Equipment Basics

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Choosing skis can be a difficult task, so it’s a good idea to find a ski shop and a salesperson with whom you feel comfortable. When purchasing skis from second-hand stores, tag sales, or other parents, you’ll need to have some basic knowledge of equipment and sizing.

There are two types of nordic skiing: classic and skate. Classic skiing is the traditional form, in which the skier moves along in a straight line (sometimes in tracks) by pushing off the center of the skis.

Skate skiing requires shorter skis that are pushed outward from the center in a motion similar to iceskating.

Skis (measured in centimeters)
Classic skis: Either waxable or waxless (we recommend waxless for beginners). Length: just above the
child’s head.
Skate skis: Waxable. Length: up to the child’s eyes.
Combi skis (which can be waxed for use as classic skis or as skate skis): Waxable. Length: Probably best to size these as skate skis, especially if child is a beginner.

Boots and Bindings
There are several types of boots, including classic boots, skate boots, and combi boots, and several binding systems (NNN, SNS, 3-pin, and backcountry). The boots you buy must match the bindings on the skis.

Note: 3-pin bindings are an older system of binding that can be difficult for kids to use. The three holes in the tip of the boot must be aligned perfectly with the pins on the ski. Also, older boots sometimes lack insulation, which can mean cold feet and unhappy children. Be sure your child’s boots fit properly with a single wool sock. Boots that are too small result in cold feet, and boots that are too large can cause blisters and frustration because the child will have less control of the skis.

Poles (measured in centimeters)
Classic-length: With the tip of the pole in the snow, the pole should just touch the underarm of the child
Skate-length: With the tip of the pole in the snow, the pole should reach the chin of the child

Wax
If your child has waxable skis (classic, skate, or combi), you will need a wax kit, including a scraper, cork, and basic waxes, as well as a wax remover (solvent). Be sure to take advantage of waxing clinics early in the ski season.

Equipment guidelines based on child’s group placement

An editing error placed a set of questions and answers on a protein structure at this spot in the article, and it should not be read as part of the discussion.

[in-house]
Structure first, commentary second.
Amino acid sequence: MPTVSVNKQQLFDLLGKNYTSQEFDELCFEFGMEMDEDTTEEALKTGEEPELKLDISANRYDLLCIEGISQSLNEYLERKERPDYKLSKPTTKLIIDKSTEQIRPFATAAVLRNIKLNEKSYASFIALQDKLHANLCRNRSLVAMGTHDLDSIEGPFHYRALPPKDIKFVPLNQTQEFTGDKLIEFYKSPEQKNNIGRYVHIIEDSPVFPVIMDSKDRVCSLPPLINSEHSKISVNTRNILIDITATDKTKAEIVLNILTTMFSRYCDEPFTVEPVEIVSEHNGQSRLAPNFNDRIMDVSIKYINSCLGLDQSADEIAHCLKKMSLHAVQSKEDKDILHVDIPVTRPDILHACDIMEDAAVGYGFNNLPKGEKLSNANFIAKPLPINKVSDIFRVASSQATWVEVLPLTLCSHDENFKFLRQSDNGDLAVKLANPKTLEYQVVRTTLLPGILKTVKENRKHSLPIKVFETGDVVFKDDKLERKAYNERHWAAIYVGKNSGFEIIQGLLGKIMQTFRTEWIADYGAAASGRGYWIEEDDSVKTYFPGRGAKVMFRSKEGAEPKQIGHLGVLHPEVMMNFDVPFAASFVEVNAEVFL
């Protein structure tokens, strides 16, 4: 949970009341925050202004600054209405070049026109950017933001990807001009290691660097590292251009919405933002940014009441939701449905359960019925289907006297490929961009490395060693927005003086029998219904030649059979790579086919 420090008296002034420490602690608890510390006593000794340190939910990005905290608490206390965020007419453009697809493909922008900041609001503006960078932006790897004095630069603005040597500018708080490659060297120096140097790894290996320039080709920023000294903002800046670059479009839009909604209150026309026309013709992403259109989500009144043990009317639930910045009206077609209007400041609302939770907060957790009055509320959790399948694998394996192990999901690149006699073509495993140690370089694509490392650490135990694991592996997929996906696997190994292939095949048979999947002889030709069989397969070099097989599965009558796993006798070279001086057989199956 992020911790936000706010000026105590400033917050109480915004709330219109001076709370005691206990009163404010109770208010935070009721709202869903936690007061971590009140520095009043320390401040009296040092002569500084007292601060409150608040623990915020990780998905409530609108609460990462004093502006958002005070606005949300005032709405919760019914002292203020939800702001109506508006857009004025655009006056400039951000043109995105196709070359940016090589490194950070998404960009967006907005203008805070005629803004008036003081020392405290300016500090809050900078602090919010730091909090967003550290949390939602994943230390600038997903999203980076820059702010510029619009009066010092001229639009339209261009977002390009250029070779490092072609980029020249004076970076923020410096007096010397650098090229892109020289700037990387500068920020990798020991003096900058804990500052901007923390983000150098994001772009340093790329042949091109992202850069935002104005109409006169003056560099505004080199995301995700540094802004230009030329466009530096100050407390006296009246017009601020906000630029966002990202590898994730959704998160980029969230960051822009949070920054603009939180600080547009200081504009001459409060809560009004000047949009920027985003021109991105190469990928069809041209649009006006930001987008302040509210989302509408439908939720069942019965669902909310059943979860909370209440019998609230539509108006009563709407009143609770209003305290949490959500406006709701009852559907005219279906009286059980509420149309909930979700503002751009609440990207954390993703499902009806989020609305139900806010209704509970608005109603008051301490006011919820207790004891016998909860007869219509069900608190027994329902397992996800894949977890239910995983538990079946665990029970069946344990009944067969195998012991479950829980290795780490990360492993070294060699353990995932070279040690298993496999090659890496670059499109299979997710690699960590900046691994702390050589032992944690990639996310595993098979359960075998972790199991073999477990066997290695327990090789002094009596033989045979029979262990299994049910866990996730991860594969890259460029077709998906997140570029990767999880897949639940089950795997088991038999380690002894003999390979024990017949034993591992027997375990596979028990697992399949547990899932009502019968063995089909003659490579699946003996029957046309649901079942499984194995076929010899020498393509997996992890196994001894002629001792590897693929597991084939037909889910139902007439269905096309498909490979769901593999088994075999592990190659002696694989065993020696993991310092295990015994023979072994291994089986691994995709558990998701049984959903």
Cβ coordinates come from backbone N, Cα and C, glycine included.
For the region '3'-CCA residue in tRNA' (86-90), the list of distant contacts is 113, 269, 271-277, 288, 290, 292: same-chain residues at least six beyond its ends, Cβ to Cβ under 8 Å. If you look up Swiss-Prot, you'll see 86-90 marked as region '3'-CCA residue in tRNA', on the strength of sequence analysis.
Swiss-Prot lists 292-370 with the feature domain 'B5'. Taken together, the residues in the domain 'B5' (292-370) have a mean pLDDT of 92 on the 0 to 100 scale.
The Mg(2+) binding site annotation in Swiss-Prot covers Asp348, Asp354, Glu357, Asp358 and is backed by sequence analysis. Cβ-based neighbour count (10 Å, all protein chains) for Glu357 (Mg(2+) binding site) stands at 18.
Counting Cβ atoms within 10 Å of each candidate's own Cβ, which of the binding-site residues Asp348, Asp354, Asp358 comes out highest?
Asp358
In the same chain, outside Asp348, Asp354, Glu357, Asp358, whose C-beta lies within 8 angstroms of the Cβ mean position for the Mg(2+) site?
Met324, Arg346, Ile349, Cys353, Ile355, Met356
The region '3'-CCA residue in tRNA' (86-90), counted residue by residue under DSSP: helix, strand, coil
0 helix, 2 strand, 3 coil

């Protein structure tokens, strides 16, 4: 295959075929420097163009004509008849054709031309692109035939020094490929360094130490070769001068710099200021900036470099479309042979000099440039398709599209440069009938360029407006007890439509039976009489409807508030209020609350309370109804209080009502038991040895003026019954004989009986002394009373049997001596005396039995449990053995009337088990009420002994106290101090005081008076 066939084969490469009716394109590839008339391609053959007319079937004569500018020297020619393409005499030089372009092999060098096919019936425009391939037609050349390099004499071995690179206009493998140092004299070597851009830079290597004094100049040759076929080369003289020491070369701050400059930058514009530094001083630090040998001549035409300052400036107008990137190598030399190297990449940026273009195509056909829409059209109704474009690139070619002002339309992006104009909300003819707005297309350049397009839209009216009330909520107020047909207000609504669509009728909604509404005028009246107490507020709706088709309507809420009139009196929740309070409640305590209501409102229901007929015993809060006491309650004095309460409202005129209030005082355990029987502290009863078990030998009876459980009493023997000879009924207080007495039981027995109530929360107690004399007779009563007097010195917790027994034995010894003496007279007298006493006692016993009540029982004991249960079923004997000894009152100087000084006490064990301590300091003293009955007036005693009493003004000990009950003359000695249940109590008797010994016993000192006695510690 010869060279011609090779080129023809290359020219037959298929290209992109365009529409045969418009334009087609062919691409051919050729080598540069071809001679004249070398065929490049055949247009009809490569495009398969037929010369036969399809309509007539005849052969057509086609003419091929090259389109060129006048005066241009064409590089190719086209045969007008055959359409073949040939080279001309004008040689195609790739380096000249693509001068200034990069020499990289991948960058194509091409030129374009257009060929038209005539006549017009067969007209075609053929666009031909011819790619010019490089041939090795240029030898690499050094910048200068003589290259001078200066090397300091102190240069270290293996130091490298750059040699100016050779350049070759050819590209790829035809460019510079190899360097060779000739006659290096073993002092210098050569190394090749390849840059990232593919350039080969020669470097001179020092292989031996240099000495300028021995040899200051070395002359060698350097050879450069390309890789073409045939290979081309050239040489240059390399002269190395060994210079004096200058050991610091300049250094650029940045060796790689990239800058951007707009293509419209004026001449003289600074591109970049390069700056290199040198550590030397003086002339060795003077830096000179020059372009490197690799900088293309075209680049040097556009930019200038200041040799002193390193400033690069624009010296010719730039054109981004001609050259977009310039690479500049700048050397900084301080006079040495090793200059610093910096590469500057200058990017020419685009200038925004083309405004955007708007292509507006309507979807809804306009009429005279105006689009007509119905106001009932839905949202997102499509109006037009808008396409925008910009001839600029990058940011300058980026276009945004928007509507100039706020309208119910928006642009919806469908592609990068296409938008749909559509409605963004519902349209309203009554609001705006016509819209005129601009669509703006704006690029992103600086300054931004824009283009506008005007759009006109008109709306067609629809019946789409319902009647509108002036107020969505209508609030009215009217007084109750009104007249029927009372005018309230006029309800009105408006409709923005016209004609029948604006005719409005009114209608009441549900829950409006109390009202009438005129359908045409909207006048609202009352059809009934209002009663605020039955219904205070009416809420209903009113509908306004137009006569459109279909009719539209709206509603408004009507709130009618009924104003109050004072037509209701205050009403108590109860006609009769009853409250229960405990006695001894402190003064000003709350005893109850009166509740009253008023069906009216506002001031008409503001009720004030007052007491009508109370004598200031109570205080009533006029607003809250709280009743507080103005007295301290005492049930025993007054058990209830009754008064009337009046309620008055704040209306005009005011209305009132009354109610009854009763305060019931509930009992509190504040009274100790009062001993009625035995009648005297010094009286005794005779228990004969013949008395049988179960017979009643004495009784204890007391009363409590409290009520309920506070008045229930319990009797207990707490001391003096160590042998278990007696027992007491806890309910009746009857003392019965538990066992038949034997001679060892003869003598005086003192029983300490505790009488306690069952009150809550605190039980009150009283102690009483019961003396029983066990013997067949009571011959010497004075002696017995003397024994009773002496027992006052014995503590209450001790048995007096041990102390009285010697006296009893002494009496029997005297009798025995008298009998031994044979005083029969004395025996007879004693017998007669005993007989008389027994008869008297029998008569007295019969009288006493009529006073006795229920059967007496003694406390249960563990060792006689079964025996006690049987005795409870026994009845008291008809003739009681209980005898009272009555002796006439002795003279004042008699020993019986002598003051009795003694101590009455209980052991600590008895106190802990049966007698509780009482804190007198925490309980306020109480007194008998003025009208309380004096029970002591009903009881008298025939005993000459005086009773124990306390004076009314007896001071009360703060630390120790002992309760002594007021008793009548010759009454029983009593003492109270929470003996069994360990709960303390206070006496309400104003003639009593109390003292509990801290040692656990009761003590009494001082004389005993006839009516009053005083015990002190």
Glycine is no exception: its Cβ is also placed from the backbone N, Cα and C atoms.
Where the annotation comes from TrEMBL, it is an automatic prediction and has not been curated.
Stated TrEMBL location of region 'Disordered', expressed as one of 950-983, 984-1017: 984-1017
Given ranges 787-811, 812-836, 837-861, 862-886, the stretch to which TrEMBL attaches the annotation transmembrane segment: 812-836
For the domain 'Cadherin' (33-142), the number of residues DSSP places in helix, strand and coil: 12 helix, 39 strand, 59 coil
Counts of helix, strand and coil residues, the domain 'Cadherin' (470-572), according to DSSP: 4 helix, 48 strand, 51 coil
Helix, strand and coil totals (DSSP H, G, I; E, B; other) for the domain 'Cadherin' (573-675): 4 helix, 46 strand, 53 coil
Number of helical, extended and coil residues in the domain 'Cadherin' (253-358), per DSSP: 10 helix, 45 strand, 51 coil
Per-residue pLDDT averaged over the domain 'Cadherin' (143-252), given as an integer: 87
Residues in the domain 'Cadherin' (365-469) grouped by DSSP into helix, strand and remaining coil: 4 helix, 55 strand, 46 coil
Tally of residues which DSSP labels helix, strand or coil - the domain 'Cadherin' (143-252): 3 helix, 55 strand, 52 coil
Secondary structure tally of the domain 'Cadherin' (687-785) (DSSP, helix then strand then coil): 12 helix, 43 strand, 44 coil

Berkshire Trails places children in groups divided by age and ability.

Judges Hill (ages 5 to 6)
First-timers, beginners.
Children is this age group learn to classic ski; they do not usually skate ski yet. It is best to have real skis with bindings rather than skis that strap onto winter boots. Our club recommends waxless skis, which have “fish scales” on the base to grip the snow, and classic-length poles (with the tip of the pole in the snow, the pole
should just touch the underarm of the child).

Monadnocks (ages 5 to 6)
Beginners with a little experience.
Same equipment as Judges Hill group. No skate-skis yet.

Greylocks (ages 7 to 8)
Older beginners and intermediates.
Same equipment as Judges Hill group. No skate-skis yet.

Katahdins (ages 9 to 11)
Older beginners.
Same equipment as Judges Hill group, although kids who are good athletes might want to try skating and would need combi skis to both skate and classic ski.

Rainiers (ages 7 to 9)
Intermediate skiers.
Skating technique is introduced. Your child needs either combi skis, which can be used for both classic and skate skiing, or two pairs of skis (classic and skate). If your child has two pairs of skis, the classic pair can be waxless.

At this level, your child must have two different sets of poles: classic-length and skate-length, which are longer. Skate poles usually stand up to the child’s chin.

Wax is now needed. Combi skis must be waxed differently depending on whether your child plans to classic ski or skate ski. For classic skiing, a kick wax must be applied to the “kick zone” of the skis. For skate skiing, the kick wax must be removed, and often a glide wax is applied to the entire ski (this wax is removed to classic ski).

Mattehorns (ages 10 to 13)
Intermediate skiers.
Same equipment as Rainiers.

Kilimanjaros (ages 11 to 13)
More advanced intermediate skiers.
Same equipment as Rainiers.

Denali (ages 9 to 11)
Intermediate to advanced skiers.
A good time to buy or rent two sets of equipment, one for classic and one for skating, if your child plans to continue skiing and is skillful enough to warrant the investment.

Everest (ages 12 to 13)
Intermediate to advanced skiers.
Two sets of skis and poles are best. Classic and skate skis are cut differently; the specialized ski will help in skill development.

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